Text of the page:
In Defense Of The Constitution

Two plaintiffs recently filed a lawsuit that attempts to defend the integrity of our state’s constitution. The issue is whether or not the Legislature can, by enacting a statute, circumvent the intent of our constitution. Any change to the constitution requires a two-thirds vote of both chambers of the Legislature, and then ballot approval by the voters.

Back in the 1990s, both the Legislature and the voters amended the constitution to create several fiscal reforms, including the creation of the Budget Stabilization Fund (BSF). The constitution dictates that 25 percent of any declared surplus must go into the BSF. Additionally excess mineral revenues (those exceeding $850 million) must go into the fund, according to the constitution, until the fund reaches its cap of 4 percent of state revenue receipts. In order to change the funding procedure for the BSF, the constitution would have to be amended (requiring a two-thirds vote of the Legislature and ballot approval by the voters).

At the very end of the legislative session of 2009, legislative leaders and the Jindal administration inserted language into a conference committee report for a statute that declared that when money is withdrawn from the BSF, it wouldn’t have to be repaid until the state general fund reaches the level it hit in 2008—a record year for state general fund revenues. The Jindal administration and some legislators are attempting to use that statute to avoid the constitutional requirement of placing the excess mineral revenue clearly available into the BSF. The 4 percent revenue cap has not been reached. That being the case, the action being taken by our state leaders is a direct affront to the constitution.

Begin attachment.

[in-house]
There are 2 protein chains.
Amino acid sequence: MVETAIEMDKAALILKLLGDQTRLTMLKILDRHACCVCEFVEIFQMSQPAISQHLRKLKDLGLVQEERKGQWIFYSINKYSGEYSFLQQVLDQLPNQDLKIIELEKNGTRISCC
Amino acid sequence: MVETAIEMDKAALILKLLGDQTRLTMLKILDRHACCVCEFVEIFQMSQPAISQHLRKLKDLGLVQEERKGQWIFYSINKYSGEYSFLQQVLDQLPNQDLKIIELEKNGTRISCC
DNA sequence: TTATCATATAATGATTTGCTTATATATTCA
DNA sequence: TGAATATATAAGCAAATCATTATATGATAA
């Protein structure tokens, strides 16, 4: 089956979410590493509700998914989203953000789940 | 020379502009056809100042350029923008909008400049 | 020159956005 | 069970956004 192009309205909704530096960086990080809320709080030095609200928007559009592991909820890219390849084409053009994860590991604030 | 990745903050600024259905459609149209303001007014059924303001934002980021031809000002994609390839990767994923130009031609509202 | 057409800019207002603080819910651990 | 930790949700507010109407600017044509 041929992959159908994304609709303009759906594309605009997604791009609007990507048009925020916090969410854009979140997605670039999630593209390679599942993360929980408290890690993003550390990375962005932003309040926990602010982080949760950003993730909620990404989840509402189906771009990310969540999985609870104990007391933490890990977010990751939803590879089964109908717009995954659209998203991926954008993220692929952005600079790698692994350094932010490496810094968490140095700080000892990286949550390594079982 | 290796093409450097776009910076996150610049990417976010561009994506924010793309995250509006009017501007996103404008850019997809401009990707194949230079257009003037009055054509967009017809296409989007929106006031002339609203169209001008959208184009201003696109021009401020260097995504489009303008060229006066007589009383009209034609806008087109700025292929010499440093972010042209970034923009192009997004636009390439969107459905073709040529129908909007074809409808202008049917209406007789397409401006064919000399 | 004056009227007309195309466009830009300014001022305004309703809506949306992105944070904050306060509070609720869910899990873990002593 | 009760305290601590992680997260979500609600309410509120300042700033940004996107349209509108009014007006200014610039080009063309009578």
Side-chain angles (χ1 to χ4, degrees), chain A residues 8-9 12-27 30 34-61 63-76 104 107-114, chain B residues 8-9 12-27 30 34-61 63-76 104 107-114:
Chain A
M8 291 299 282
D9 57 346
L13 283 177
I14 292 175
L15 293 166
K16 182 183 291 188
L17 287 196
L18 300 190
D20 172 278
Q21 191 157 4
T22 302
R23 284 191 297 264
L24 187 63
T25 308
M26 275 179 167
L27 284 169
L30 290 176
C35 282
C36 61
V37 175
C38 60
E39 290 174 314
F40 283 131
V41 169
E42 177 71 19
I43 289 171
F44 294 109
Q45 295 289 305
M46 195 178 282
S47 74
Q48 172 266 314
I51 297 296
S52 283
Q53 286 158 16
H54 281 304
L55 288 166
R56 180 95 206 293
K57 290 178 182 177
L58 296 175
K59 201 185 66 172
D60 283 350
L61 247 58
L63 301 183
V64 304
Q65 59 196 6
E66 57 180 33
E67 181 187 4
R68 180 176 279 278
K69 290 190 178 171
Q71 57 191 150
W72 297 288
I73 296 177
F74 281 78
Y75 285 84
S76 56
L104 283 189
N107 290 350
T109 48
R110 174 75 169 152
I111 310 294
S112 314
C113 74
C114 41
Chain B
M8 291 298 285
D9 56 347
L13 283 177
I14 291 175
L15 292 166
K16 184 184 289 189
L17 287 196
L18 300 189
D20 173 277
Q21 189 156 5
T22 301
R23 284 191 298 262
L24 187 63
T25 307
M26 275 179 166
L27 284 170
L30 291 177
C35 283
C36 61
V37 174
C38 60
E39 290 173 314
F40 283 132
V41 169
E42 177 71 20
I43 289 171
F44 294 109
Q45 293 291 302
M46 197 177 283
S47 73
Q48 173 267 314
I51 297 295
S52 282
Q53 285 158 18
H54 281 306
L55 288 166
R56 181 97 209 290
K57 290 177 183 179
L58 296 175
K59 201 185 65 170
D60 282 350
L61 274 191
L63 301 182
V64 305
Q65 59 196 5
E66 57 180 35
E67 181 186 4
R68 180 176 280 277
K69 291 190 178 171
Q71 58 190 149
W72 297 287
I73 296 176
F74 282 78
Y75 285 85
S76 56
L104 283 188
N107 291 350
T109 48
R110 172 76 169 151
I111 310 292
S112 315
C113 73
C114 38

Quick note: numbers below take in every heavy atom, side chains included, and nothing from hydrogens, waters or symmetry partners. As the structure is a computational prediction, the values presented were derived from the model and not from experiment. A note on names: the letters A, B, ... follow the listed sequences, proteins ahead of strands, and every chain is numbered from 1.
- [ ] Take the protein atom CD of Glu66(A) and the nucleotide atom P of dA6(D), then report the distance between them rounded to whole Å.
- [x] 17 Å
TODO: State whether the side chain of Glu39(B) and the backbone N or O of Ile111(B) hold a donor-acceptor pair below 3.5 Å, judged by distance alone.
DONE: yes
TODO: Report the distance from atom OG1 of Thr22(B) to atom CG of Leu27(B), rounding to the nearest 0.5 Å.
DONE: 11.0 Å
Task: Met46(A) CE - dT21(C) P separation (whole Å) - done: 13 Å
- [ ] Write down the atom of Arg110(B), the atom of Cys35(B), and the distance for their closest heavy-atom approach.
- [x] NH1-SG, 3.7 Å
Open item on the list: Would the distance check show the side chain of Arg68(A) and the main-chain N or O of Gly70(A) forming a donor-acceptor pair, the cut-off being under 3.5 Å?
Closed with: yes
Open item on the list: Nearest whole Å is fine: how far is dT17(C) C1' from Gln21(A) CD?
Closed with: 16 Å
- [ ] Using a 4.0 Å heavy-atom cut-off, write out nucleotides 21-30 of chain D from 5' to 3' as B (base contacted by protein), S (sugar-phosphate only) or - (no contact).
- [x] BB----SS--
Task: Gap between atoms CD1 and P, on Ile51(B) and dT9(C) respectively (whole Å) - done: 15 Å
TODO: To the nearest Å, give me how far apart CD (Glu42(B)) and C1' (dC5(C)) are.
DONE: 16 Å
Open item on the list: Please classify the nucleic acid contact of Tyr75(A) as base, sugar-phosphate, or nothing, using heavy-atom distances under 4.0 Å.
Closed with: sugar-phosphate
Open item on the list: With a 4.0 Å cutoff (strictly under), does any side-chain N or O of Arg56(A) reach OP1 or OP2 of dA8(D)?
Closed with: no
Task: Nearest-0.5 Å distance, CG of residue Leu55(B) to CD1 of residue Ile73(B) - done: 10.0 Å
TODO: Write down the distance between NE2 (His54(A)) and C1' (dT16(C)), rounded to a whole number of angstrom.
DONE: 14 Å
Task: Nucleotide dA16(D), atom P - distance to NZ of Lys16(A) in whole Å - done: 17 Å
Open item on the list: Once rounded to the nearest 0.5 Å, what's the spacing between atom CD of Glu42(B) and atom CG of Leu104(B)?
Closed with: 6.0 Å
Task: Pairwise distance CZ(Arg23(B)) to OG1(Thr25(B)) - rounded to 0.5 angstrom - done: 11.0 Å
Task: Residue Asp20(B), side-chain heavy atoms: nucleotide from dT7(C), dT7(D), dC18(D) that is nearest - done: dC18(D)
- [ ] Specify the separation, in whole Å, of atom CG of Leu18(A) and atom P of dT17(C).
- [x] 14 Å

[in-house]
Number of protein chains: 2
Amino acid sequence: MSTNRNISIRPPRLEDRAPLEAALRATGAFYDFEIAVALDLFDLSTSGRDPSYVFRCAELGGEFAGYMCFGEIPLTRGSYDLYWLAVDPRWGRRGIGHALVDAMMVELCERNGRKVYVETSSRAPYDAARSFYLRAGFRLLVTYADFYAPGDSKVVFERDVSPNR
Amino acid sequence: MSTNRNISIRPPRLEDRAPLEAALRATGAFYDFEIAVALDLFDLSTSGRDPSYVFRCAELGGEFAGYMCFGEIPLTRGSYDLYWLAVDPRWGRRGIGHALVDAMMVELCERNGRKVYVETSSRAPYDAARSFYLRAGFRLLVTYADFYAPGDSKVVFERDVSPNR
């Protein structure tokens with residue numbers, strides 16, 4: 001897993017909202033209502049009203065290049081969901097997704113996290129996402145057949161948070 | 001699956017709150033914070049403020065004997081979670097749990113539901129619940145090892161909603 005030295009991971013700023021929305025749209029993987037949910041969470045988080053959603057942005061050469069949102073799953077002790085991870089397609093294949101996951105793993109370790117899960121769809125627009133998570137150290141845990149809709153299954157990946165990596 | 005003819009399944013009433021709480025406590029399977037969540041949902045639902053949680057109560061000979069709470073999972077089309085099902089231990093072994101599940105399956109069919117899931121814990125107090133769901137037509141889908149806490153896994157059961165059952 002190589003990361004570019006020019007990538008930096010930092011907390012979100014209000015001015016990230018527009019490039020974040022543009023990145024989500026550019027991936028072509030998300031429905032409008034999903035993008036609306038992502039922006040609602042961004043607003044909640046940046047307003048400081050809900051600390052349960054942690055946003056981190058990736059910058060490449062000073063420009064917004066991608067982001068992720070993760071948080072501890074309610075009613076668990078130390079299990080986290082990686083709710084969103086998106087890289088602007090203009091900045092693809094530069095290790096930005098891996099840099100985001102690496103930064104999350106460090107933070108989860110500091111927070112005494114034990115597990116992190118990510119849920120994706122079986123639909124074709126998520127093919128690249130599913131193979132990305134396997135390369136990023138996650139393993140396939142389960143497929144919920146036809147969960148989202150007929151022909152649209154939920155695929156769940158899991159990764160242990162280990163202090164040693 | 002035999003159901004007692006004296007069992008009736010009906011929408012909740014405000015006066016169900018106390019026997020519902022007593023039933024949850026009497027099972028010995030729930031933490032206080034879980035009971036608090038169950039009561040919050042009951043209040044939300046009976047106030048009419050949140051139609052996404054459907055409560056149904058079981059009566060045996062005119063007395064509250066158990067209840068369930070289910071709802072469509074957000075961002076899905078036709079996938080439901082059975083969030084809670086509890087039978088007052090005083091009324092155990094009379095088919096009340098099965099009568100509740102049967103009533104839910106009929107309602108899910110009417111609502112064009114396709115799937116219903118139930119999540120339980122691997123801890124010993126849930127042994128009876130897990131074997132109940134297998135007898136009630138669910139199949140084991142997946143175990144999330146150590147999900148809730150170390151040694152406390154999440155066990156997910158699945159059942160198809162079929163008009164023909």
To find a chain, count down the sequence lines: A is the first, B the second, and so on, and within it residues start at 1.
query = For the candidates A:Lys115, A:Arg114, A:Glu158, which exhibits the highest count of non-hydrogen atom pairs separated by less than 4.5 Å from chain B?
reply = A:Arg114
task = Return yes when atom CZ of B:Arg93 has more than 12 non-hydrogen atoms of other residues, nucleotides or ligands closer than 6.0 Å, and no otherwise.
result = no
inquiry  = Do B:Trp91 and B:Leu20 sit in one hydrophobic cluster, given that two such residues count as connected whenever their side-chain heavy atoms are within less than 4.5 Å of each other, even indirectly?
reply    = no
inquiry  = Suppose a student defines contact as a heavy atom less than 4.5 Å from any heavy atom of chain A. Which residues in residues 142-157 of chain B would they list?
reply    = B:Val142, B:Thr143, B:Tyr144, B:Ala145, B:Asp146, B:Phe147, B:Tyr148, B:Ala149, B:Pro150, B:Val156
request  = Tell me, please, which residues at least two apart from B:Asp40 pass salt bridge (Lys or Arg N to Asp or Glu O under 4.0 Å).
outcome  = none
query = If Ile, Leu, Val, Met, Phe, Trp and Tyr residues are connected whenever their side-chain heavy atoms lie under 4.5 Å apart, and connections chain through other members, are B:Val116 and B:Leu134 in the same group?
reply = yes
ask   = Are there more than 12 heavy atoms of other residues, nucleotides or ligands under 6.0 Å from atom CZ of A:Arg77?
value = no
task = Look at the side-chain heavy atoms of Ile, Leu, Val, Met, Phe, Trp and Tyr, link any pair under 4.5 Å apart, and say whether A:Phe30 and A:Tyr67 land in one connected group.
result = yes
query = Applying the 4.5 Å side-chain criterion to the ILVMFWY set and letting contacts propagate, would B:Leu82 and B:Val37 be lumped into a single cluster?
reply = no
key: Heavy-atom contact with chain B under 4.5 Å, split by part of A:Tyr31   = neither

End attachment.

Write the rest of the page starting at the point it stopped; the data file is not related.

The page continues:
A constitutional amendment was filed in the recent legislative session that would have emasculated the BSF. It included, among other things, provisions that would have removed the requirement that the fund must be repaid when excess mineral revenues exceed the $850 million level and the fund is below the 4 percent cap. That amendment was adopted by the state Senate by a two-thirds vote but was not even close to having the two-thirds vote needed in the House. A compromise to the proposed constitutional amendment was unanimously adopted by the House in which the state would have been given up to three years to fill the BSF with the required amount of revenues. Senate leaders rejected that compromise. Instead they relied on the 2009 statute to trump the constitution.

Some officials and interest groups will criticize the lawsuit, since the state is in a fiscal crisis. They will claim that the “Rainy Day Fund” should be tapped any time the state wants or needs money. It is important to note that the proper name for the fund is the Budget Stabilization Fund—and the words “rainy day” cannot be found in the constitution. The fund’s purpose is to be a brake on spending volatile revenues for recurring expenditures, not primarily to be a piggy bank.

The plaintiffs who filed the lawsuit are to be commended. It is hard to conceive how any court that looks at the clear language of the state constitution and compares it to the 2009 statute can rule any way other than declaring that the statute cannot supercede the requirement to place the excess mineral revenues into the BSF up to the limit set forth by the constitution. If the Legislature can get away with using a statute to get around the constitution in this instance, the gate will be open for that to happen in many more instances in the future. Hopefully, our state courts will nip that abuse in the bud.

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